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Theresa Fichera Frazier Elementary School
4027 West Grenshaw Street
Chicago, Illinois 60624
The student will
1. view the spectra of various elements with and without a spectroscope.
2. understand that the color and spectral lines are determined by the
electron configuration of each element.
3. understand that the electrons emit photons after being energized in
some way and that we detect some of these photons as visible light.
4. view the colors emitted by various metallic salts as they are put into
a bunsen burner flame.
5. identify two unknown compounds containing some of these same metals.
Materials needed: (Class of 12)
1. power supply and elemental spectrum tubes
2. 12 student spectroscopes
3. bunsen burners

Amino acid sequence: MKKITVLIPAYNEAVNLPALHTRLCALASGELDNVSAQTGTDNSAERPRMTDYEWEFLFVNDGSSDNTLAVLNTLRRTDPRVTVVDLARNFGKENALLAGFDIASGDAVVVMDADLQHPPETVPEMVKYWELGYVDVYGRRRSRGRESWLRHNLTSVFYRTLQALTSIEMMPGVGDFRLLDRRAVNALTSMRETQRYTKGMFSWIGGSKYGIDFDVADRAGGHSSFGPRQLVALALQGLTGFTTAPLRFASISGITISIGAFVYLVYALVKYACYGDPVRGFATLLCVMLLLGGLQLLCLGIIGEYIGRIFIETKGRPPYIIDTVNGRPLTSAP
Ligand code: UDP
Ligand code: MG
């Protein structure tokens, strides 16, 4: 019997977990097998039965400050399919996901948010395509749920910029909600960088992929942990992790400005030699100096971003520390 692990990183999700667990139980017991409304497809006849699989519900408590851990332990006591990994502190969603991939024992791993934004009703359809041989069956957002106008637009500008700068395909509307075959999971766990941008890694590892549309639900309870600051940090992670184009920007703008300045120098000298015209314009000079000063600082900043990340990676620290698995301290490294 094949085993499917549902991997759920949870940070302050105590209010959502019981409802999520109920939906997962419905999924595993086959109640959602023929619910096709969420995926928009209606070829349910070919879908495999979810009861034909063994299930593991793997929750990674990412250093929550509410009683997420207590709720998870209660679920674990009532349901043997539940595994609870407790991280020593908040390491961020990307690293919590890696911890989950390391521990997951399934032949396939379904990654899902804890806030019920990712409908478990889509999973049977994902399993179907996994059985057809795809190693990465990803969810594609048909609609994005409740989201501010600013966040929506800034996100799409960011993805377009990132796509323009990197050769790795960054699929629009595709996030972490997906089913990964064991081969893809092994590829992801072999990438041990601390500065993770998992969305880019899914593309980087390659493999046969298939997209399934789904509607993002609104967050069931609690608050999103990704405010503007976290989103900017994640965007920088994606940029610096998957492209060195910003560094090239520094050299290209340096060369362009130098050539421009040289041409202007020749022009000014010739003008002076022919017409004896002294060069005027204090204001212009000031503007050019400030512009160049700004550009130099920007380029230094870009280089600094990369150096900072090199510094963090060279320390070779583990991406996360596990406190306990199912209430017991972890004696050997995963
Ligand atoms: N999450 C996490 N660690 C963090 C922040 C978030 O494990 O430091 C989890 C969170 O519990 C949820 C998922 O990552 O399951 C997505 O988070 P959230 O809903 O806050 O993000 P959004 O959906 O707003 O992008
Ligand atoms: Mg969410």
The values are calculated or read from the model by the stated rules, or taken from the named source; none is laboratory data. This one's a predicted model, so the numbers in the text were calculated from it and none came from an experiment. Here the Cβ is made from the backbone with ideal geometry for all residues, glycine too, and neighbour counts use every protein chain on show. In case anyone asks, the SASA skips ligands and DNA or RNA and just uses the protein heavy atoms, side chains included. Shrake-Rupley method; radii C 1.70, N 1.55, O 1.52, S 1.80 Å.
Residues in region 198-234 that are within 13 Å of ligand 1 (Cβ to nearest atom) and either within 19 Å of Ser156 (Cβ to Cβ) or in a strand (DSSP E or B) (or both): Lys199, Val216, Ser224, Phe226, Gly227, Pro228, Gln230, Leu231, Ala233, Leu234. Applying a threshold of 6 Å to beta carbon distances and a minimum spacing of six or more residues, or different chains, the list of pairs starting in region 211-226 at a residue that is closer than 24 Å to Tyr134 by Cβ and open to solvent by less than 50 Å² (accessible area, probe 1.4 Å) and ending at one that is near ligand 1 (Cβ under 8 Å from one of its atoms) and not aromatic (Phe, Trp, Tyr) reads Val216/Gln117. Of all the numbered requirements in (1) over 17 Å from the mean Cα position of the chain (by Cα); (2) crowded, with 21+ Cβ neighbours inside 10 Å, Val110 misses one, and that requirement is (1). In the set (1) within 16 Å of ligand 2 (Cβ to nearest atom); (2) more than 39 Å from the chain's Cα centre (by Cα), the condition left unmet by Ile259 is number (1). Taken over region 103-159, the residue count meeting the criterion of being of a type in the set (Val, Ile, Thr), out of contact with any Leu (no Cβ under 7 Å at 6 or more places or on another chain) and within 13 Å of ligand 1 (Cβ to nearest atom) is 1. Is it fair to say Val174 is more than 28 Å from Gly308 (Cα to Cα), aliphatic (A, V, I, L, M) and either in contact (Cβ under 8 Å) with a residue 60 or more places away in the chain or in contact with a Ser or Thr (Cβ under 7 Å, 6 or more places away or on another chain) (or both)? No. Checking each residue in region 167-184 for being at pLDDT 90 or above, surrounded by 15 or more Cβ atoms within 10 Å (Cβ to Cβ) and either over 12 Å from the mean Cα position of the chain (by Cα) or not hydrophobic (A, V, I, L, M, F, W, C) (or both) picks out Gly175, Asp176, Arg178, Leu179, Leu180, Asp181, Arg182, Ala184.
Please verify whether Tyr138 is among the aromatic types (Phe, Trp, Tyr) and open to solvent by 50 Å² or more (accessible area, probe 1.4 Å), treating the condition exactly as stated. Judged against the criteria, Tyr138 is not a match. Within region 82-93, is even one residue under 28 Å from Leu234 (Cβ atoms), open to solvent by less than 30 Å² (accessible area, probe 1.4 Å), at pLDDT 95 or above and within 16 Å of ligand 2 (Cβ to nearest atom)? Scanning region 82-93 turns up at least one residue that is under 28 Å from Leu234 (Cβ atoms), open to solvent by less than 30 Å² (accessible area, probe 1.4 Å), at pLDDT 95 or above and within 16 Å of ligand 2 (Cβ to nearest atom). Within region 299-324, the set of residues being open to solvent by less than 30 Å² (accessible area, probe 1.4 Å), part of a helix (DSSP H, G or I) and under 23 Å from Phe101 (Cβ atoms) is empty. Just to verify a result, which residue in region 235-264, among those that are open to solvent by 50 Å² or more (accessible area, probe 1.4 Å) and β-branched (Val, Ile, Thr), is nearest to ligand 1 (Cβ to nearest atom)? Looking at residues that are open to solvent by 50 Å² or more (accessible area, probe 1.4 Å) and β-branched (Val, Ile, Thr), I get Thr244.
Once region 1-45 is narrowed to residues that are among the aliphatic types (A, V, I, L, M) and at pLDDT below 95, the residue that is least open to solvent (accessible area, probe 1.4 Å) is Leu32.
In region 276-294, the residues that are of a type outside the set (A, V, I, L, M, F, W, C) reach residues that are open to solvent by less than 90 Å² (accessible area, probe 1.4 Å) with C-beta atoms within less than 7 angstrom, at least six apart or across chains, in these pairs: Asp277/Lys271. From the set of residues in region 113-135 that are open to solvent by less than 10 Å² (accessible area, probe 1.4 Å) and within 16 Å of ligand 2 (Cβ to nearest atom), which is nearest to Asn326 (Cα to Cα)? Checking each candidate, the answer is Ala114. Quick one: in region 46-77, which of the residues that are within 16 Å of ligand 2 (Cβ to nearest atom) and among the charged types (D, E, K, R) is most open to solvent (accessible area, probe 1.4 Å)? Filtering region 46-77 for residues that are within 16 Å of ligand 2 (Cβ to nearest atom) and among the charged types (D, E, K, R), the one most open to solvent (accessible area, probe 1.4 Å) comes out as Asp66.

4. metallic nitrate and metallic chloride solutions (.4M)
5. wooden splints
6. safety goggles
7. student worksheets
8. sparkler or a toy that gives off sparks
1. Ask students to identify energy entering sparkler toy.
2. Ask students to identify energy leaving sparkler toy.
3. Relate this information to the law of conservation of energy.
4. Review the Bohr model of the atom and electron shells.
5. Discuss energy in and energy out in terms of energy conversion.
6. Ask students to predict results of energizing a spectrum tube filled
with hydrogen gas.
7. Energize the tube and have someone explain light in terms of the Bohr
8. Change to a neon tube and repeat the process.
9. Discuss color differences in terms of electron configuration of two
10. Have students look at white light with a spectroscope and name the
11. Discuss colors as evidence of energy levels of emitted photons.
12. View both spectrum tubes with a spectroscope and discuss emission
13. Have students energize metallic salt solutions over a bunsen burner
flame and note the color of each metal.
14. Have students energize two "Unknown" metallic salt solutions and
identify them based on the colors noted in #13.
15. Ask the students how such information could be used in the fields of
astronomy and criminal investigation.